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“King Pleasure” by the Estate of Jean-Michel Basquiat Should Be a General Education Requirement

This article was originally published on Respect My Region


Read Macbeth once and you’ll spot its DNA all over popular culture. The same can be said about Sherlock Holmes. With time, creative works such as these outgrow their mediums of origin and mature into omnipresent forces that linger over our sensibilities.


To this point, consider Jean-Michel Basquiat. In his brisk 27 years, the New York City wunderkind managed to give the bustling art circuit of 1980s America a whole new identity. By no means was he the sole visionary responsible for the culture shift of the time, but he did have his foot firmly pressed down on the pedal for the entirety of his fleeting stint, the effects of which persist to this day.

Jean-Michel Basquiat, 1984 (Credit: Lee Jaffe)

In honor of his cross-generational influence, the Basquiat estate has put together the “King Pleasure” exhibition. Produced and curated by his sisters, Lisane Basquiat and Jeanine Heriveaux, the display is now open to all in downtown Los Angeles after a widely successful run in New York City. The four-part presentation features more than 200 paintings, drawings and artifacts, a lot of which have never been available to the public before. The walk-through also includes recreations of his workspaces, family home and the VIP Room of a nightclub he frequented. All of this was designed to familiarize the average non-expert with the life and mind of someone who demonstrated that taste and attitude can take precedence over skill.

Lisane Basquiat & Jeanine Heriveaux (Credit: Kurt Iswarienko)

“King Pleasure” isn’t meant to help you understand art (which, let’s be honest, is something elitist gatekeepers just made up) as much as contextualize the world around you through an abstract lens. You’ll leave with a better sense of the conditions that birthed and bred Basquiat’s seminal luminosity, and how it continues to dictate creativity in the 21st century.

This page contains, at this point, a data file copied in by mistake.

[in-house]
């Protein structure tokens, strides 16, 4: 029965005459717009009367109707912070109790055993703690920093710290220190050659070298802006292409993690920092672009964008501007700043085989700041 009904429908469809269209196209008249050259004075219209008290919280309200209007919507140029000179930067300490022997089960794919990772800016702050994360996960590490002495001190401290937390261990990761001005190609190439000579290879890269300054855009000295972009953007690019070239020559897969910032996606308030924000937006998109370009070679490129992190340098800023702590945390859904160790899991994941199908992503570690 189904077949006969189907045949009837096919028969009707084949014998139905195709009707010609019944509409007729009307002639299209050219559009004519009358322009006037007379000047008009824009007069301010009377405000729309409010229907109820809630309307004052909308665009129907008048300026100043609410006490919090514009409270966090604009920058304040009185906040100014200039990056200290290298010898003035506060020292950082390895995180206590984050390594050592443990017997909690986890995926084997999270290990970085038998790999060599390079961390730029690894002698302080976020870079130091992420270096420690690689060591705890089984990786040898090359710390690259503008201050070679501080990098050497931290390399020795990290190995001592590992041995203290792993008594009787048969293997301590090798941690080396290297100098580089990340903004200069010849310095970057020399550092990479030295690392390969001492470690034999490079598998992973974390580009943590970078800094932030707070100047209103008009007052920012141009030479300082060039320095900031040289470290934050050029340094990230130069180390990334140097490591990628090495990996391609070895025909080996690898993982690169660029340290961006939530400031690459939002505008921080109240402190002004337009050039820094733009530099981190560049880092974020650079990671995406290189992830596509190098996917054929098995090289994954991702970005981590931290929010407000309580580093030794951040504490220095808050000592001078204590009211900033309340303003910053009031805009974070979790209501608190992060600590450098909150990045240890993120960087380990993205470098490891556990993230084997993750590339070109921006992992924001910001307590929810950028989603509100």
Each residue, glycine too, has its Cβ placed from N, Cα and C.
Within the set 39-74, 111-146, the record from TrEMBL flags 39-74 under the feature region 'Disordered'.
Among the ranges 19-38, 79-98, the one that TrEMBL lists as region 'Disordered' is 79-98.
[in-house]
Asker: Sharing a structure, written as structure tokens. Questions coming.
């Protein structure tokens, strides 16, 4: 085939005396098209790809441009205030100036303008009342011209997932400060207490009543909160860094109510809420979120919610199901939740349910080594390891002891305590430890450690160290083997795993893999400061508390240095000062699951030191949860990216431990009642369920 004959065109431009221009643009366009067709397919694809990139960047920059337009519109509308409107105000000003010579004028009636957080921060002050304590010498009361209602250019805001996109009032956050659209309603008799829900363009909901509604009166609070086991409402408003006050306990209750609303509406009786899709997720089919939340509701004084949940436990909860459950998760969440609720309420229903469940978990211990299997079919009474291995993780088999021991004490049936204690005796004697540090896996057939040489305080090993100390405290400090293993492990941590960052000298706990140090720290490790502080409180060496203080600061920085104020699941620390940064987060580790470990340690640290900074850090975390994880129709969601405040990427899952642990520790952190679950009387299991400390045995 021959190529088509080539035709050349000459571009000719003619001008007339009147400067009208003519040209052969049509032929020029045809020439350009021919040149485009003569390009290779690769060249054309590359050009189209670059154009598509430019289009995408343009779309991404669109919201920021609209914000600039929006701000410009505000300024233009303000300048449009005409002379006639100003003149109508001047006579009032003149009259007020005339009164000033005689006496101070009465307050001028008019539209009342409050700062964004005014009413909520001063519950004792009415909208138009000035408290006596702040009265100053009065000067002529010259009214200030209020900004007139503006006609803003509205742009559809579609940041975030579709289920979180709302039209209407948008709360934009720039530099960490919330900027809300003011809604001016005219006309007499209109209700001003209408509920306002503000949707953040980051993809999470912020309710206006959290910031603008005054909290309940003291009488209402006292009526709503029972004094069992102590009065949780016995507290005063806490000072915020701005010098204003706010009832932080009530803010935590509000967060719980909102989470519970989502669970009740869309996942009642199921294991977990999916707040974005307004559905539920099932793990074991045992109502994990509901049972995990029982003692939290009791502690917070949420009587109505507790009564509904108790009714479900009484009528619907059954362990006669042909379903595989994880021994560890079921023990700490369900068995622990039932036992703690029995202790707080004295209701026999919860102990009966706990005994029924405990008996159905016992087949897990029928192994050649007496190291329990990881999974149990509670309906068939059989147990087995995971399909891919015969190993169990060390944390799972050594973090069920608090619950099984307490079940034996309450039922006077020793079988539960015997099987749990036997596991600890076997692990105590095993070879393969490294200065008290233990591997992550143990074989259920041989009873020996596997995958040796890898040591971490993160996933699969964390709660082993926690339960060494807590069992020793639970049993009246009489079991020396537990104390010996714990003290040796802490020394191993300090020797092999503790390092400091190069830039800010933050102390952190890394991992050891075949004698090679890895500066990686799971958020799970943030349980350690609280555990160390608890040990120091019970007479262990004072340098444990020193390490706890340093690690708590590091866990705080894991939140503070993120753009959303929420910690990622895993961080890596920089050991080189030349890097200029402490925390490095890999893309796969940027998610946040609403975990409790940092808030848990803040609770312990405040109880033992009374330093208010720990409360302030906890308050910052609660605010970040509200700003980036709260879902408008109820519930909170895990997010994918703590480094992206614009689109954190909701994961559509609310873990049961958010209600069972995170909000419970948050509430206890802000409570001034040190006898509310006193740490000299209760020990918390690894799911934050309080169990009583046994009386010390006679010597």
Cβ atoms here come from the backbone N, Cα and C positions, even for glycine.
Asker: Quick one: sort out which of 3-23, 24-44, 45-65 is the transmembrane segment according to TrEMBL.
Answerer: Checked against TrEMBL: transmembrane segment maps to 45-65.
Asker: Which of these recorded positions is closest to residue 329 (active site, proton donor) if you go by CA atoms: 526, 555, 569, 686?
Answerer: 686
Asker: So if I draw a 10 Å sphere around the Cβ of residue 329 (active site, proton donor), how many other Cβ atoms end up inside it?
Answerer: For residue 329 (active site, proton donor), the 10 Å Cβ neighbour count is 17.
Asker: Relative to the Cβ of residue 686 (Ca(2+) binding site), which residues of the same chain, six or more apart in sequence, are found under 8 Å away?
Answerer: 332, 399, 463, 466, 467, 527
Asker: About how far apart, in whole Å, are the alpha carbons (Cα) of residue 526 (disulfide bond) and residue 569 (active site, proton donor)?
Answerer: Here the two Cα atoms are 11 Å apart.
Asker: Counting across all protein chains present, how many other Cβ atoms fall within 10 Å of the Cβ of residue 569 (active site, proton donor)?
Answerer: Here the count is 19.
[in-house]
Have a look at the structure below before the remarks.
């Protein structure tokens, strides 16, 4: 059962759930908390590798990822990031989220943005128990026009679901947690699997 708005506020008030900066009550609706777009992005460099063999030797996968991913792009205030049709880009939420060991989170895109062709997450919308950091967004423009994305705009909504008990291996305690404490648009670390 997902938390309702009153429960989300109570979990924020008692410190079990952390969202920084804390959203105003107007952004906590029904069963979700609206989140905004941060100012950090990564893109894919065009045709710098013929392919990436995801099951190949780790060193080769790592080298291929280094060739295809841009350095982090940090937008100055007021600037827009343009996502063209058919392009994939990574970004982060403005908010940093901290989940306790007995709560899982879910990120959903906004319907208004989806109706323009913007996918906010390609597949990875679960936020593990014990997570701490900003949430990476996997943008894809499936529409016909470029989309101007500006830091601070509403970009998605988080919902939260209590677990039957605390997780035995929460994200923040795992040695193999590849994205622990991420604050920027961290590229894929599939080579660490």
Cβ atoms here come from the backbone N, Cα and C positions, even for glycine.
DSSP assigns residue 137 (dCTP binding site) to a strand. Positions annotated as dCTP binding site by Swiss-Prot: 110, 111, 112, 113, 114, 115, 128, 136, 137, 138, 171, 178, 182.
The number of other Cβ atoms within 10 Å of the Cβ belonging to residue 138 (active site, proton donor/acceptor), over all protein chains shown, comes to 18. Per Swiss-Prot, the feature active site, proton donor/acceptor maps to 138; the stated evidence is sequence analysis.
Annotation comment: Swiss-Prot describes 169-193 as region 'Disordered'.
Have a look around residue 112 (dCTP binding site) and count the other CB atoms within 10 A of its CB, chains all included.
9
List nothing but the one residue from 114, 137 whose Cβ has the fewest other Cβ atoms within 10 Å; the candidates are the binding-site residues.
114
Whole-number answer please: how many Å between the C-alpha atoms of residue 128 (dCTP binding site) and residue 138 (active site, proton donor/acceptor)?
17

Three and a half decades after his abrupt passing, Basquiat’s artistic remnants serve as the layperson’s portal into the world of modern art. It doesn’t really matter what you call it—Neo-expressionism, graffiti, primitive or rubbish—because most tend to settle on “cool.” His reach from beyond the grave goes further than almost every other artist, comparable only to pop-art titan Andy Warhol.

(Credit: Karan Singh)

Once you trace back the method, style and tropes of Basquiat and put a face on them, you’ll begin noticing his presence at every corner. It could be the squiggly crown peppered all over your city or the countless impersonators trying to establish their own brands of intrepid risk-taking … or the album cover of the most recent Strokes album … or Jay-Z namedropping him on a song about his private art collection.


Jean-Michel Basquiat is everywhere because he represents endless potential — act on that strange impulse and do it with conviction; give it a form and then mold it into something that looks as weird as you feel. When you take a step back, you’ll be surprised to see it’s far more intentional and meaningful than you initially thought … and none of this is as easy as it sounds.


At some point during the exhibition, you might stare at one of Basquiat’s innumerable untitled paintings and think to yourself, “I could’ve made that.”


Well, that’s the thing – you didn’t.

 



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